# scipy.stats.ttest_ind_from_stats#

scipy.stats.ttest_ind_from_stats(mean1, std1, nobs1, mean2, std2, nobs2, equal_var=True, alternative='two-sided')[source]#

T-test for means of two independent samples from descriptive statistics.

This is a test for the null hypothesis that two independent samples have identical average (expected) values.

Parameters:
mean1array_like

The mean(s) of sample 1.

std1array_like

The corrected sample standard deviation of sample 1 (i.e. ddof=1).

nobs1array_like

The number(s) of observations of sample 1.

mean2array_like

The mean(s) of sample 2.

std2array_like

The corrected sample standard deviation of sample 2 (i.e. ddof=1).

nobs2array_like

The number(s) of observations of sample 2.

equal_varbool, optional

If True (default), perform a standard independent 2 sample test that assumes equal population variances . If False, perform Welch’s t-test, which does not assume equal population variance .

alternative{‘two-sided’, ‘less’, ‘greater’}, optional

Defines the alternative hypothesis. The following options are available (default is ‘two-sided’):

• ‘two-sided’: the means of the distributions are unequal.

• ‘less’: the mean of the first distribution is less than the mean of the second distribution.

• ‘greater’: the mean of the first distribution is greater than the mean of the second distribution.

New in version 1.6.0.

Returns:
statisticfloat or array

The calculated t-statistics.

pvaluefloat or array

The two-tailed p-value.

Notes

The statistic is calculated as (mean1 - mean2)/se, where se is the standard error. Therefore, the statistic will be positive when mean1 is greater than mean2 and negative when mean1 is less than mean2.

This method does not check whether any of the elements of std1 or std2 are negative. If any elements of the std1 or std2 parameters are negative in a call to this method, this method will return the same result as if it were passed numpy.abs(std1) and numpy.abs(std2), respectively, instead; no exceptions or warnings will be emitted.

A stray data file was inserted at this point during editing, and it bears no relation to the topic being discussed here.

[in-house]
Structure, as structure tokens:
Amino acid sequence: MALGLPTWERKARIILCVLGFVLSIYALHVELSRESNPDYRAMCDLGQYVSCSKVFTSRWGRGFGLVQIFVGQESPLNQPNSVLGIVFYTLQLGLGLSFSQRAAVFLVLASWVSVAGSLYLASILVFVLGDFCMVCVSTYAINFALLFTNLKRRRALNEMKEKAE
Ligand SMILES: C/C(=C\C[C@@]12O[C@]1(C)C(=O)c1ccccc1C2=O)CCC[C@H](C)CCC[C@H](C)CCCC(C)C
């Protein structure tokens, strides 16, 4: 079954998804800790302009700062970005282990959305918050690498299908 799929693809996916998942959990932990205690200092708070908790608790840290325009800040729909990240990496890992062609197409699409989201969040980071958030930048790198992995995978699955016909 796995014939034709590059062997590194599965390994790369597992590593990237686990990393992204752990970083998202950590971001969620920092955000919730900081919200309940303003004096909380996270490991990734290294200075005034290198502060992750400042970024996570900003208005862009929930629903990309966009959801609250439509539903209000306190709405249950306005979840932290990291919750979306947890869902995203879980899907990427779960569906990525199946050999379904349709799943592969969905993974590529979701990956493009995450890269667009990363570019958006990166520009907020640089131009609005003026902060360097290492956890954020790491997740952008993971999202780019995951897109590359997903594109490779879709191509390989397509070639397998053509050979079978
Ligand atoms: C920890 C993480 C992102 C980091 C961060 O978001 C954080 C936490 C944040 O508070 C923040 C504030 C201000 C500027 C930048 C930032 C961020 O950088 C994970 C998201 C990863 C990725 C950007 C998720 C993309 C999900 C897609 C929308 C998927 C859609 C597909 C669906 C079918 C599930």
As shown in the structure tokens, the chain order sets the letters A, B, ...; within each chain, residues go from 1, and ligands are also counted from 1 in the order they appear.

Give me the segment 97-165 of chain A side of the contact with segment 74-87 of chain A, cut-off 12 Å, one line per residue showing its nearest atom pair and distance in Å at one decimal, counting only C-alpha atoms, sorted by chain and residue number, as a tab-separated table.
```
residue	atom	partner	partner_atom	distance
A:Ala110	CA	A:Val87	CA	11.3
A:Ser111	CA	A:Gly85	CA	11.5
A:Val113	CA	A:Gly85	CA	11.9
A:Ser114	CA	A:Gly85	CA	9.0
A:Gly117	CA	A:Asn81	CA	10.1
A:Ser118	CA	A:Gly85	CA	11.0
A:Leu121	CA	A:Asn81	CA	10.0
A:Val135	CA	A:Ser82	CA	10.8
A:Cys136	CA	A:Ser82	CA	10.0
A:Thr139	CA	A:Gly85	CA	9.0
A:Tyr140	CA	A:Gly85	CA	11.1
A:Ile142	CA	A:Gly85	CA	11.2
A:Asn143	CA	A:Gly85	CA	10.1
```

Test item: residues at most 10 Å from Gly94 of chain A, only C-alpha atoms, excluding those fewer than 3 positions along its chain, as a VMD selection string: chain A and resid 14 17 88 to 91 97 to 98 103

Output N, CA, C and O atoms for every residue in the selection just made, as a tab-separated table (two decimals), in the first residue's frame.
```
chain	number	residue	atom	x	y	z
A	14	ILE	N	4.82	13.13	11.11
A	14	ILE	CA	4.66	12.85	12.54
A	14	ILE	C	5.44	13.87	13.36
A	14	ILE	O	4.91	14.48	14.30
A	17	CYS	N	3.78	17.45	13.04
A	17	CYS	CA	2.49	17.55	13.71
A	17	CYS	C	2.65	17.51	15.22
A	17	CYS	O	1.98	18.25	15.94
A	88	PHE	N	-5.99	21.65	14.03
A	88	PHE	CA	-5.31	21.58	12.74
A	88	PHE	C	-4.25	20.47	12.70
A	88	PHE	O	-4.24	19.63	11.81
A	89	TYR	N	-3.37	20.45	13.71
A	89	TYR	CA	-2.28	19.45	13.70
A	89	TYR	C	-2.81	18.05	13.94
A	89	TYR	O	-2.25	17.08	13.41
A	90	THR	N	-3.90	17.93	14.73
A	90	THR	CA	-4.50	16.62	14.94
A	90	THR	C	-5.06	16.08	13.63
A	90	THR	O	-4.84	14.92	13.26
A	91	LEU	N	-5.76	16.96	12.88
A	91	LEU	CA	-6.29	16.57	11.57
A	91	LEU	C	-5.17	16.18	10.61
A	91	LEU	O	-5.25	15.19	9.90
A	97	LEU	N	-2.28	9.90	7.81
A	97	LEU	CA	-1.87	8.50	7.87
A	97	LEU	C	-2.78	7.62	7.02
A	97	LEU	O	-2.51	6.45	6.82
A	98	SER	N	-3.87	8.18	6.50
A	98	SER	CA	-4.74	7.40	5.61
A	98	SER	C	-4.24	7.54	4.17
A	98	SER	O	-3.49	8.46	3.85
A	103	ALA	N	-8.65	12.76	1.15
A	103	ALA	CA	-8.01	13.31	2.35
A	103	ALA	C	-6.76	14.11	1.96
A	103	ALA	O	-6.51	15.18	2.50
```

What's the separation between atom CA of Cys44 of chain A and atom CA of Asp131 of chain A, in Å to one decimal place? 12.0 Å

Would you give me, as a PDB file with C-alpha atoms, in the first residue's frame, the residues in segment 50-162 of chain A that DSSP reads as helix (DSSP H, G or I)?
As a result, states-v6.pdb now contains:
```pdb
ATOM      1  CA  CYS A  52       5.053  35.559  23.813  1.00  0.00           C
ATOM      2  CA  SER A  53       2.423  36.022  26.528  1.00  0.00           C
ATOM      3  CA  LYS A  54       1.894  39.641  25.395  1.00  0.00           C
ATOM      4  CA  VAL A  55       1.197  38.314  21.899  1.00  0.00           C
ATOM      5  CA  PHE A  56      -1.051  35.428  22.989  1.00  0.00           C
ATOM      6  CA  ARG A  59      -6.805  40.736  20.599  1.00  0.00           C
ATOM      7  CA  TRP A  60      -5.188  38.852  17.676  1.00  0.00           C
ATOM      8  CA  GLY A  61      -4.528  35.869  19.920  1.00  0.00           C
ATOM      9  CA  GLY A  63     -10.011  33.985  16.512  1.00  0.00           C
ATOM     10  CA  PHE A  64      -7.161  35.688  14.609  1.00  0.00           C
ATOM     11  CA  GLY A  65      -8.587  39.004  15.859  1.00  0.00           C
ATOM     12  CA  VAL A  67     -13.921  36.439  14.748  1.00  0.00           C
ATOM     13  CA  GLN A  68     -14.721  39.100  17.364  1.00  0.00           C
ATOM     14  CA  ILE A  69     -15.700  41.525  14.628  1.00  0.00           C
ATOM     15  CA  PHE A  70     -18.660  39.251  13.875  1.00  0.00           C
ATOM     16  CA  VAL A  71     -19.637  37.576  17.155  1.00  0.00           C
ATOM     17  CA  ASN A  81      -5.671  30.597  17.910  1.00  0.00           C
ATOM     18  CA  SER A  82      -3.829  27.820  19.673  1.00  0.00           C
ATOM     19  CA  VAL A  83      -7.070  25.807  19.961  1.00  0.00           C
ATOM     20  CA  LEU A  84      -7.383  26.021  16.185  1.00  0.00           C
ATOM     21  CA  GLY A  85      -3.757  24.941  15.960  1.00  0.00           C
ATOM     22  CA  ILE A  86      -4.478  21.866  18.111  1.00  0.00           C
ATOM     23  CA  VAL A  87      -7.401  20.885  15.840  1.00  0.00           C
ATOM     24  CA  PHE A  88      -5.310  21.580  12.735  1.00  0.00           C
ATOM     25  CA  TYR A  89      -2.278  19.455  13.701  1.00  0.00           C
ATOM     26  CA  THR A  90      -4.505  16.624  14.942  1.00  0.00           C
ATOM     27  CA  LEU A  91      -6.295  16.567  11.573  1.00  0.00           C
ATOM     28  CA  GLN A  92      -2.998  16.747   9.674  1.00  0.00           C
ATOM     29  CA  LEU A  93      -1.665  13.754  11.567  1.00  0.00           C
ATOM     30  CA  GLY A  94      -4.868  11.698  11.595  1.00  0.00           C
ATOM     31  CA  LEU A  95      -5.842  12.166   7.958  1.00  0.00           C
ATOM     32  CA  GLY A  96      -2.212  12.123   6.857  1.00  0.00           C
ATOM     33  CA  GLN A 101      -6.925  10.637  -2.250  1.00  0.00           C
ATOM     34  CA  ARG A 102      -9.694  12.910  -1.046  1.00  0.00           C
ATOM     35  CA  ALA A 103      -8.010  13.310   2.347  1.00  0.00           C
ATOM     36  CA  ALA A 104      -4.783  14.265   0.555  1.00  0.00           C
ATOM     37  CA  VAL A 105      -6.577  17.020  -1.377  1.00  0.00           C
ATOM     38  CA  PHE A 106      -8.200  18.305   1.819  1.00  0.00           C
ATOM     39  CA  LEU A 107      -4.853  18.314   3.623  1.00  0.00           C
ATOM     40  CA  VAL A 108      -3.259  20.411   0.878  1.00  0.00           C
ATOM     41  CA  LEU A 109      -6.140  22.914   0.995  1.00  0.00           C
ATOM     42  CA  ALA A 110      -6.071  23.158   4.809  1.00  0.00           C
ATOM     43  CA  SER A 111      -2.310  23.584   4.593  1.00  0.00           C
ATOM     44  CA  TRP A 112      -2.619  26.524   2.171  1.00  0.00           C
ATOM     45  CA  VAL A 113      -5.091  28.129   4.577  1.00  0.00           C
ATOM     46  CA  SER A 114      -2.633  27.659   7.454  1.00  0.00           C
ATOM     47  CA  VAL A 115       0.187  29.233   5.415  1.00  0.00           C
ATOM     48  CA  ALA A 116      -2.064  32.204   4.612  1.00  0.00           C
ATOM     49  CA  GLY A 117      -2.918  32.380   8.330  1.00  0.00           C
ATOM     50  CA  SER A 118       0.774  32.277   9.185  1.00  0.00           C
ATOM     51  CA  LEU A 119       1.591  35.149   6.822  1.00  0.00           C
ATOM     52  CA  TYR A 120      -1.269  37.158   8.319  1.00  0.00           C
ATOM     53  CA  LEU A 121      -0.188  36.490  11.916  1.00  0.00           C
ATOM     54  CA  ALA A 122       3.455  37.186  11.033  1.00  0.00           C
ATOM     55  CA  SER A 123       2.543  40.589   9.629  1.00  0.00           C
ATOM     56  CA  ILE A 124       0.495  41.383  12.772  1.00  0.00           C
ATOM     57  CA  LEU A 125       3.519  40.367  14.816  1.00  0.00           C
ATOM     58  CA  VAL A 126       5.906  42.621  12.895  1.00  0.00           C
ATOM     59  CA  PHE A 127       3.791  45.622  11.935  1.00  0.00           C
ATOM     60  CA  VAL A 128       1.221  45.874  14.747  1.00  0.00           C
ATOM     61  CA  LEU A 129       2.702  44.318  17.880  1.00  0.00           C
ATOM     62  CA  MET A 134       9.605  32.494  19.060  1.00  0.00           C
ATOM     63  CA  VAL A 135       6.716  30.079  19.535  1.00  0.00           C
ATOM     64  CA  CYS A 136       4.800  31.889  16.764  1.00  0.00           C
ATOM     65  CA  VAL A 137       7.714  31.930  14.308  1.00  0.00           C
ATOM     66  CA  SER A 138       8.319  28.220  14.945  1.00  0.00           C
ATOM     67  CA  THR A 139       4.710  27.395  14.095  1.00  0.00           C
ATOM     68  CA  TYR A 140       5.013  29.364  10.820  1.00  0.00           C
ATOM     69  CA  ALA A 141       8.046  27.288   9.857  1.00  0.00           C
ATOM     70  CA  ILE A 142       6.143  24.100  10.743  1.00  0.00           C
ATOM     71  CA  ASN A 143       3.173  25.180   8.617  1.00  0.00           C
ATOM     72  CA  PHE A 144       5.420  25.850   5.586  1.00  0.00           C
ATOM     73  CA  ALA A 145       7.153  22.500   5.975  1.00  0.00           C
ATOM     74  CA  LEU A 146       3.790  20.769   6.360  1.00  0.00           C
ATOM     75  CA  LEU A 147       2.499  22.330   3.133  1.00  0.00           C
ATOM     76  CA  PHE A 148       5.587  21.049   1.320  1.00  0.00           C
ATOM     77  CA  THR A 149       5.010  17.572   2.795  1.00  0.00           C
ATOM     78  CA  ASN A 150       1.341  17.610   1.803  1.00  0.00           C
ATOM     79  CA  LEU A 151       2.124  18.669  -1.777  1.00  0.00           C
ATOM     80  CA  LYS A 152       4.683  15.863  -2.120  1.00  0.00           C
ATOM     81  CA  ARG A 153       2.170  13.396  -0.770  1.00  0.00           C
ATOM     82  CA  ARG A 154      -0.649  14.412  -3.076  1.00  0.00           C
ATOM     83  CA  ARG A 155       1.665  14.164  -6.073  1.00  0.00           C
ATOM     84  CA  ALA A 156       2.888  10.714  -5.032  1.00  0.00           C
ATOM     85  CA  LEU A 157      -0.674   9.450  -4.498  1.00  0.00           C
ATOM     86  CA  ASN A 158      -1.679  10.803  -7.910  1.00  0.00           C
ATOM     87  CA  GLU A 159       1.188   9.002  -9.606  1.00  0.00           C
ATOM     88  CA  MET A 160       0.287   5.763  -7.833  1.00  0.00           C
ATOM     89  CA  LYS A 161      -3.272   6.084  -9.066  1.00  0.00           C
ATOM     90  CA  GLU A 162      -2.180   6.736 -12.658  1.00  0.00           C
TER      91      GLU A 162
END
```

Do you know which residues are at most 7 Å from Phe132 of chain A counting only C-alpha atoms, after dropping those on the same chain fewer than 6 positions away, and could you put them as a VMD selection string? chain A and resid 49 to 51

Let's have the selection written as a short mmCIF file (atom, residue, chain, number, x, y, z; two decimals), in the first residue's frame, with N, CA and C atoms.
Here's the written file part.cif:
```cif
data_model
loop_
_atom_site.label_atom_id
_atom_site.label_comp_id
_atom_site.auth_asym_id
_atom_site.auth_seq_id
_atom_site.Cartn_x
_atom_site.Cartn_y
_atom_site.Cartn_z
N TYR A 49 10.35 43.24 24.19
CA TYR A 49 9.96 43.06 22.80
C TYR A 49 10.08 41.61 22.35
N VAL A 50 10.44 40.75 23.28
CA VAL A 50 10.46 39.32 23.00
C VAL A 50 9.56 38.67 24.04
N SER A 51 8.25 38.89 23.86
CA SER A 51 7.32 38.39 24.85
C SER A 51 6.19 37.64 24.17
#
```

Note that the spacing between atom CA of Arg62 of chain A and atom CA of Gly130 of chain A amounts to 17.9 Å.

References

Examples

Suppose we have the summary data for two samples, as follows (with the Sample Variance being the corrected sample variance):

                 Sample   Sample
Size   Mean   Variance
Sample 1    13    15.0     87.5
Sample 2    11    12.0     39.0


Apply the t-test to this data (with the assumption that the population variances are equal):

>>> import numpy as np
>>> from scipy.stats import ttest_ind_from_stats
>>> ttest_ind_from_stats(mean1=15.0, std1=np.sqrt(87.5), nobs1=13,
...                      mean2=12.0, std2=np.sqrt(39.0), nobs2=11)
Ttest_indResult(statistic=0.9051358093310269, pvalue=0.3751996797581487)


For comparison, here is the data from which those summary statistics were taken. With this data, we can compute the same result using scipy.stats.ttest_ind:

>>> a = np.array([1, 3, 4, 6, 11, 13, 15, 19, 22, 24, 25, 26, 26])
>>> b = np.array([2, 4, 6, 9, 11, 13, 14, 15, 18, 19, 21])
>>> from scipy.stats import ttest_ind
>>> ttest_ind(a, b)
Ttest_indResult(statistic=0.905135809331027, pvalue=0.3751996797581486)


Suppose we instead have binary data and would like to apply a t-test to compare the proportion of 1s in two independent groups:

                  Number of    Sample     Sample
Size    ones        Mean     Variance
Sample 1    150      30         0.2        0.161073
Sample 2    200      45         0.225      0.175251


The sample mean $$\hat{p}$$ is the proportion of ones in the sample and the variance for a binary observation is estimated by $$\hat{p}(1-\hat{p})$$.

>>> ttest_ind_from_stats(mean1=0.2, std1=np.sqrt(0.161073), nobs1=150,
...                      mean2=0.225, std2=np.sqrt(0.175251), nobs2=200)
Ttest_indResult(statistic=-0.5627187905196761, pvalue=0.5739887114209541)


For comparison, we could compute the t statistic and p-value using arrays of 0s and 1s and scipy.stat.ttest_ind, as above.

>>> group1 = np.array(*30 + *(150-30))
>>> group2 = np.array(*45 + *(200-45))
>>> ttest_ind(group1, group2)
Ttest_indResult(statistic=-0.5627179589855622, pvalue=0.573989277115258)